The Three C’s of Hispanic Marketing for Financial Institutions (Part I)

By 2020, one in five Americans are expected to be of Hispanic origin.

This staggering statistic demands your business’s attention. Many companies would agree that ignoring the Hispanic market is a mistake. But most are unsure of how to reach them. And others still wonder if their particular business truly needs to market to Hispanics right now, or if they can push it off a little longer.

When it comes to banks, the answer is “go for it.” Hispanics need a bank today, not five years down the road. Unfortunately, most banks are doing a poor job marketing to them. As a result, the Hispanic market is a wealth of potential for financial institutions. Hispanics will pick a bank because they have to. So how can you convince them to pick yours?

By following the three C’s of Hispanic marketing: Communication, Community, and Culture.


Hispanic marketing is not: translating all your English ads into Spanish. Communicating with Hispanics encompasses so much more than translation. This is partially because many Hispanics are bilingual now and could read the original English ad, and partially because even for those who aren’t bilingual, straight translation just isn’t enough.

Why? Because of vocabulary limits, connotations and cultural barriers. Ignoring these factors will render your Hispanic messaging useless. In fact, they’re so important that we’ll discuss them individually.


When a message is translated word for word from English to Spanish, the resulting message may not be identical to the original. The English message will create one idea in an English speaker’s mind, while the Spanish message may create a completely different idea in a Spanish speaker’s mind. This is because, just like in English, Spanish words and phrases have connotations. While the literal translation may look right on paper, it can mean something very different.

For instance, the English words aroma and odor both mean smell, but one has a pleasant connotation and the other a negative. Additionally, the phrases blew all her money and used all her money have the same literal meaning,—spending money—but one has a much stronger connotation. Spanish words work the same way, so they must be considered carefully before being used. Marketers cannot just choose the obvious, literal translation and assume the Spanish word carries the same connotation as its English counterpart.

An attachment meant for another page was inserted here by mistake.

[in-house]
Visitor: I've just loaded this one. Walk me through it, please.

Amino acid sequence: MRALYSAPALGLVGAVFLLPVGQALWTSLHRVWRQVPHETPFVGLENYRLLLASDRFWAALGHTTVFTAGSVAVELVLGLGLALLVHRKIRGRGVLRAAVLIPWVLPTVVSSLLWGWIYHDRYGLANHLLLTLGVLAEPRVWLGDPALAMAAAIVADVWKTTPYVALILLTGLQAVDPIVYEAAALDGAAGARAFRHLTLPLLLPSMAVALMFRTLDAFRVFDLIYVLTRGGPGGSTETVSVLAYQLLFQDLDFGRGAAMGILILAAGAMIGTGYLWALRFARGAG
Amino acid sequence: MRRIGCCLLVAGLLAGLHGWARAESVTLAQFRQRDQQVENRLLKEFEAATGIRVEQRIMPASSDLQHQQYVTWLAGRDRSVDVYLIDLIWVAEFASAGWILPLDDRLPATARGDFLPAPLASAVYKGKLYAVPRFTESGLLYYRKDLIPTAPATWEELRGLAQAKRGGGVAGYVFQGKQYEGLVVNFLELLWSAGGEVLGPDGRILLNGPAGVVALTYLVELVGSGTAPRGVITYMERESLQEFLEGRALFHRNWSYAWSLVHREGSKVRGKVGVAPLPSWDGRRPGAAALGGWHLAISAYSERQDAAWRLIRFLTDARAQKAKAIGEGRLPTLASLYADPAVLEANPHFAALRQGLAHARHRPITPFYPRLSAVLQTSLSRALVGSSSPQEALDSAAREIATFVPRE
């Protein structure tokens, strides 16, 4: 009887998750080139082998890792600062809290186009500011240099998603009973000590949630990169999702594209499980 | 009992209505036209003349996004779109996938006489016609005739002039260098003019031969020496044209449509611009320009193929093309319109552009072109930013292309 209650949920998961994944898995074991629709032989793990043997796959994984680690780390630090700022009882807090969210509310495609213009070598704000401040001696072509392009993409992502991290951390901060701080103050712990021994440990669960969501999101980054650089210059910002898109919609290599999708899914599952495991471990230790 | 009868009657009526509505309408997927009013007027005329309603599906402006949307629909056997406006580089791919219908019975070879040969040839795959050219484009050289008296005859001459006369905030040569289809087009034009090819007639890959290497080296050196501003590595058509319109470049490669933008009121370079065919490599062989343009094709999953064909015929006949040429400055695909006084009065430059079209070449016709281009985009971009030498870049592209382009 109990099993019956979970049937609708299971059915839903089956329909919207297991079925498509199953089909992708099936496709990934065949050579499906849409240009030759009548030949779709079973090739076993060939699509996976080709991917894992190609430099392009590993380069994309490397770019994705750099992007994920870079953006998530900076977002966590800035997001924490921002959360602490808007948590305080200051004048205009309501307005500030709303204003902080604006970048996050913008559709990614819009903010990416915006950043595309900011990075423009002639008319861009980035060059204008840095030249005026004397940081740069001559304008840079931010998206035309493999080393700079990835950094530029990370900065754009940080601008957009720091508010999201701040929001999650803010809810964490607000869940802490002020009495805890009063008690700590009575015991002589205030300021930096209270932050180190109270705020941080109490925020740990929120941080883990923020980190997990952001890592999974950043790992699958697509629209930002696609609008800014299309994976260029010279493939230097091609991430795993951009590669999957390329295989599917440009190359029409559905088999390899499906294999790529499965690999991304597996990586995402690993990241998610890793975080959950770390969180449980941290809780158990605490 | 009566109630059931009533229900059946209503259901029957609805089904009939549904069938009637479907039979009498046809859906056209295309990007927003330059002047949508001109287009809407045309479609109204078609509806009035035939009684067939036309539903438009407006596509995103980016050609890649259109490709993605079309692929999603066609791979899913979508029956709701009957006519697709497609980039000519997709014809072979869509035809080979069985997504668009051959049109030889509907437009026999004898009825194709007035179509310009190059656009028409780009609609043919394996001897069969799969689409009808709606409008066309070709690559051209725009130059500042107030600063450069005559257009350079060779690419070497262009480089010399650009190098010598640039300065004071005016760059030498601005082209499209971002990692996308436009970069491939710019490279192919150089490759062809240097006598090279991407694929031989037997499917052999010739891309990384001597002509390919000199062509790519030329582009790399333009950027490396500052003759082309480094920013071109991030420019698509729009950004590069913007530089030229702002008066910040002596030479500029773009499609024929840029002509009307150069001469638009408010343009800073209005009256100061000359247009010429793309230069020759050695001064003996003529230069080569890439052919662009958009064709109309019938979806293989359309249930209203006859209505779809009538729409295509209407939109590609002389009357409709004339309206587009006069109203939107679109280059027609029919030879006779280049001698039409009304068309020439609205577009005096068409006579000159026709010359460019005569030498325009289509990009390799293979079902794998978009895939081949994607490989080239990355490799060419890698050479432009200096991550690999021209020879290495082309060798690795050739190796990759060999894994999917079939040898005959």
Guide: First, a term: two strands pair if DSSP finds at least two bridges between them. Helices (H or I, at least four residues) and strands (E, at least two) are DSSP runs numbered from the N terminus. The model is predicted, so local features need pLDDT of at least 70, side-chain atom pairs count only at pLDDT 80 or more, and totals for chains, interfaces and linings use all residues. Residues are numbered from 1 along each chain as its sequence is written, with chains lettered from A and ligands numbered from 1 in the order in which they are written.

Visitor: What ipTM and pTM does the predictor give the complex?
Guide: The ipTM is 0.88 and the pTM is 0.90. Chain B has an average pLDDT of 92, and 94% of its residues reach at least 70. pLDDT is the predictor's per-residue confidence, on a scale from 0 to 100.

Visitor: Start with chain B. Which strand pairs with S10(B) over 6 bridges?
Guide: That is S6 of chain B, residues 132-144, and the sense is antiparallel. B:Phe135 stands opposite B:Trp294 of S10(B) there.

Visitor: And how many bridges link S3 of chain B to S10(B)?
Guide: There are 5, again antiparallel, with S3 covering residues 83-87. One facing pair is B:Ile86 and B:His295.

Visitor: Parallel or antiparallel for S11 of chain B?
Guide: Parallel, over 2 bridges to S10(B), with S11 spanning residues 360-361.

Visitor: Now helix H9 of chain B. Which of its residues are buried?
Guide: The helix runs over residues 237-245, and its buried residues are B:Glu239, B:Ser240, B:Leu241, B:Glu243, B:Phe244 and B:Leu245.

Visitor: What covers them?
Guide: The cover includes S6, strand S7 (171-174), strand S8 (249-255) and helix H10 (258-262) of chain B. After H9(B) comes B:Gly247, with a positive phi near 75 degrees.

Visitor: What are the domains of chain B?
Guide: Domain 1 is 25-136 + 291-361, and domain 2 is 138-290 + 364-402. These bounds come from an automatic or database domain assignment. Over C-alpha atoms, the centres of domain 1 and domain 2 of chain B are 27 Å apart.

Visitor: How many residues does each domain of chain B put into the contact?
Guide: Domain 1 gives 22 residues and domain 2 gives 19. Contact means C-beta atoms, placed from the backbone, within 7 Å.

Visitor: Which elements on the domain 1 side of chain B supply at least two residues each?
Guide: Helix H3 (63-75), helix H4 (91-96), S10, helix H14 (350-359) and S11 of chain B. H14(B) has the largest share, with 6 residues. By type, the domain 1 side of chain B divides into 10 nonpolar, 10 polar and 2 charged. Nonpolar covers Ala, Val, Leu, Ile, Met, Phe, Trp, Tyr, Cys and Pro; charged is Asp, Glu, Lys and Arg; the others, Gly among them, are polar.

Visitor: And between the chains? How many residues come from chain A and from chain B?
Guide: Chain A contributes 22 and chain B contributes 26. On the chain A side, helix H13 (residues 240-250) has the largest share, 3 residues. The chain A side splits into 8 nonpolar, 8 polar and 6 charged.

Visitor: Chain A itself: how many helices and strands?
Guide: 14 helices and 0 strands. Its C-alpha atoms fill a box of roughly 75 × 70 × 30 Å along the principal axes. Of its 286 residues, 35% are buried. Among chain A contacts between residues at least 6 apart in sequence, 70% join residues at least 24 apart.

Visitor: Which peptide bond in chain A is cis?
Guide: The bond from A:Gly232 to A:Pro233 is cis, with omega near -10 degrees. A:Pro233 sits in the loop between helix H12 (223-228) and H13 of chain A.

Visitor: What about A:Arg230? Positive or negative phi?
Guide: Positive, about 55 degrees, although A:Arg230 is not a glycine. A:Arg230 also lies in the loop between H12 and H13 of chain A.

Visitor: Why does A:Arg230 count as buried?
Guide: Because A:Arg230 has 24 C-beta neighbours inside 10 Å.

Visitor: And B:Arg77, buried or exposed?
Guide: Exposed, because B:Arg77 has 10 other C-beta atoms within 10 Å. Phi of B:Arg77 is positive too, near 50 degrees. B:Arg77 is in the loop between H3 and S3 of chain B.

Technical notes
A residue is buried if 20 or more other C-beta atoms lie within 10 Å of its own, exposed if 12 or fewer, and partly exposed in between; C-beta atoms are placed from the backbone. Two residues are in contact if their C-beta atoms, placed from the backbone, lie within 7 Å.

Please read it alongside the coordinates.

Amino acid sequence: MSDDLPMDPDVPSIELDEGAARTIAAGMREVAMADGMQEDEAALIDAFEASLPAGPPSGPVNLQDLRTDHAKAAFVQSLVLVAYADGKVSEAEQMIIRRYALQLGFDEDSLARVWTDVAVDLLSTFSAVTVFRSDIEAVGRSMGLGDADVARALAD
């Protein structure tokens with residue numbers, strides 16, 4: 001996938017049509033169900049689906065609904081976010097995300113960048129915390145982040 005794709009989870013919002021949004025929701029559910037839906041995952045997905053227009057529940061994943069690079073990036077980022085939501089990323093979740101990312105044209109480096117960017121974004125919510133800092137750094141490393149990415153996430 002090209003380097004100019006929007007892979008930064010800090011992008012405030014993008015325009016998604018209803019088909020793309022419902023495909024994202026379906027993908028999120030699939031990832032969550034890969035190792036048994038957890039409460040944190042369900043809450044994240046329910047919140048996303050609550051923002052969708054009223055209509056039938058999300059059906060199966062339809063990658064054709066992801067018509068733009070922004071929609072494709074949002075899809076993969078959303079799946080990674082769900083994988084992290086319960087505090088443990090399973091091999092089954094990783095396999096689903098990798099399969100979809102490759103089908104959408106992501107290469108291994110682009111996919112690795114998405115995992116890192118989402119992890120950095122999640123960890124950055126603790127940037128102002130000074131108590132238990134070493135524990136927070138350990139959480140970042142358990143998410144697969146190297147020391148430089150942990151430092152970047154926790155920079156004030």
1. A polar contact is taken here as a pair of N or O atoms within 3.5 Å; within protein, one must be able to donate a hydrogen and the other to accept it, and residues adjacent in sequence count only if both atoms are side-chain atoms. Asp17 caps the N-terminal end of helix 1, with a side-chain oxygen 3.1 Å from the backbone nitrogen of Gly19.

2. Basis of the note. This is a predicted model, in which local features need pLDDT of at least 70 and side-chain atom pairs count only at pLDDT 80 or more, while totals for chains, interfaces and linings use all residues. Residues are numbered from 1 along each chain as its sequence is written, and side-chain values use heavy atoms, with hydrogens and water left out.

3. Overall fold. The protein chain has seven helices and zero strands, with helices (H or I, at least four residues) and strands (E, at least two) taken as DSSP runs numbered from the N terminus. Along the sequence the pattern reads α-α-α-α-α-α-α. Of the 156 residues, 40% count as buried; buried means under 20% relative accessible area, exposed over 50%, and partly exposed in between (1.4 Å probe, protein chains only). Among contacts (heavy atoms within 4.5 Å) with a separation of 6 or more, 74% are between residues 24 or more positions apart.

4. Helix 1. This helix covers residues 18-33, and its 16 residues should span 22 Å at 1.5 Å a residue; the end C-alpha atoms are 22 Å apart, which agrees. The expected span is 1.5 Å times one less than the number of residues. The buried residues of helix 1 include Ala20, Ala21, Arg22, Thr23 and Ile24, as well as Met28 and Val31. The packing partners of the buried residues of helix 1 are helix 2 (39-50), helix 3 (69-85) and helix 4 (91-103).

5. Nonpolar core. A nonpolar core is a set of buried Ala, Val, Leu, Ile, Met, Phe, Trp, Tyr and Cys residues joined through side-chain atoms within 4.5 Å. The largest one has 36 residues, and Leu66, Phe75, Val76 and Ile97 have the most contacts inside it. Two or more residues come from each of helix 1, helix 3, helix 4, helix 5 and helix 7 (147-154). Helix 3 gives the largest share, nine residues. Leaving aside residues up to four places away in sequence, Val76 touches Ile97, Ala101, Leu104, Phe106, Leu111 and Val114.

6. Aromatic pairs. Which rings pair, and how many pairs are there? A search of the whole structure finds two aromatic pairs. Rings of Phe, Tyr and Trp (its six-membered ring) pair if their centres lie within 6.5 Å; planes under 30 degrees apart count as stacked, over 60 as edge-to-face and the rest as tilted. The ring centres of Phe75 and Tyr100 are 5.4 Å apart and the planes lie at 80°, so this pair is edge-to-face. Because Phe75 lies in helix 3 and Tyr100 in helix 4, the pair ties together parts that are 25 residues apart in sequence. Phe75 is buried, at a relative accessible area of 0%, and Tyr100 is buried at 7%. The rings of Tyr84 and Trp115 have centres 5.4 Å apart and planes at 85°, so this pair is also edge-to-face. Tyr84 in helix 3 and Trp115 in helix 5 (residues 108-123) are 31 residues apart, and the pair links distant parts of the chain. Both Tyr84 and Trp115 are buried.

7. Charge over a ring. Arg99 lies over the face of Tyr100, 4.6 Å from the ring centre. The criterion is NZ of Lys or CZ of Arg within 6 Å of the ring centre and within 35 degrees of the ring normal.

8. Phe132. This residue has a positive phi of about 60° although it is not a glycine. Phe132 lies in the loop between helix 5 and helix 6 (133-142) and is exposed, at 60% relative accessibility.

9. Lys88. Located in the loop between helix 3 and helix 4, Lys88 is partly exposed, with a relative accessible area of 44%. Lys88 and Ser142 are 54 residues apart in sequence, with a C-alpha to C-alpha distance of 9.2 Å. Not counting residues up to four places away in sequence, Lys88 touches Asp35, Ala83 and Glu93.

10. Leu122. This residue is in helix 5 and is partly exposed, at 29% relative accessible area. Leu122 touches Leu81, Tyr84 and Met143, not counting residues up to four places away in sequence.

Vocabulary Limits

Some words simply have no literal translation. Obviously, this can cause quite the problem. Here are some practical examples:

  • Your ad has a strict word count, and the English version fits, but the Spanish version uses three words to express the concept of one English word.
  • The English version is alliterated. Good luck finding alliterated equivalents to each word in Spanish! Consequentially, the ad will lose some of its cleverness and memorableness.
  • An ad uses an English figure of speech, such as “pulling my leg.” The straight translation will not make any sense in Spanish, because that particular phrase does not carry the same meaning in Spanish. Spanish speakers will be left wondering what the point of the ad was and why anyone would want to pull someone else’s leg. They certainly won’t be thinking about the merits of your bank.

Marketers who plan to simply copy an English ad in Spanish words will find their plan to be much more complicated than it sounds. Converting languages requires a great deal of thought, research, and rewriting.

Likewise, some Spanish words have no counterpart in English, once again proving the shortcomings of developing an English ad and simply switching it to Spanish. This strategy bypasses an untapped wealth of potential for reaching the Hispanic market—their own language. The Pew Research Hispanic Trends Project of 2012 revealed that95% of Hispanic adults believe it is important that future generations still speak Spanish. Their language is important to them.

Marketers need to appreciate and harness the power of the Spanish language. Hispanic marketing would change forever, if marketers would use words and phrases that resonate with Spanish speakers and let the language stand independntly rather than mimic another one.

Stay tuned for the second C……


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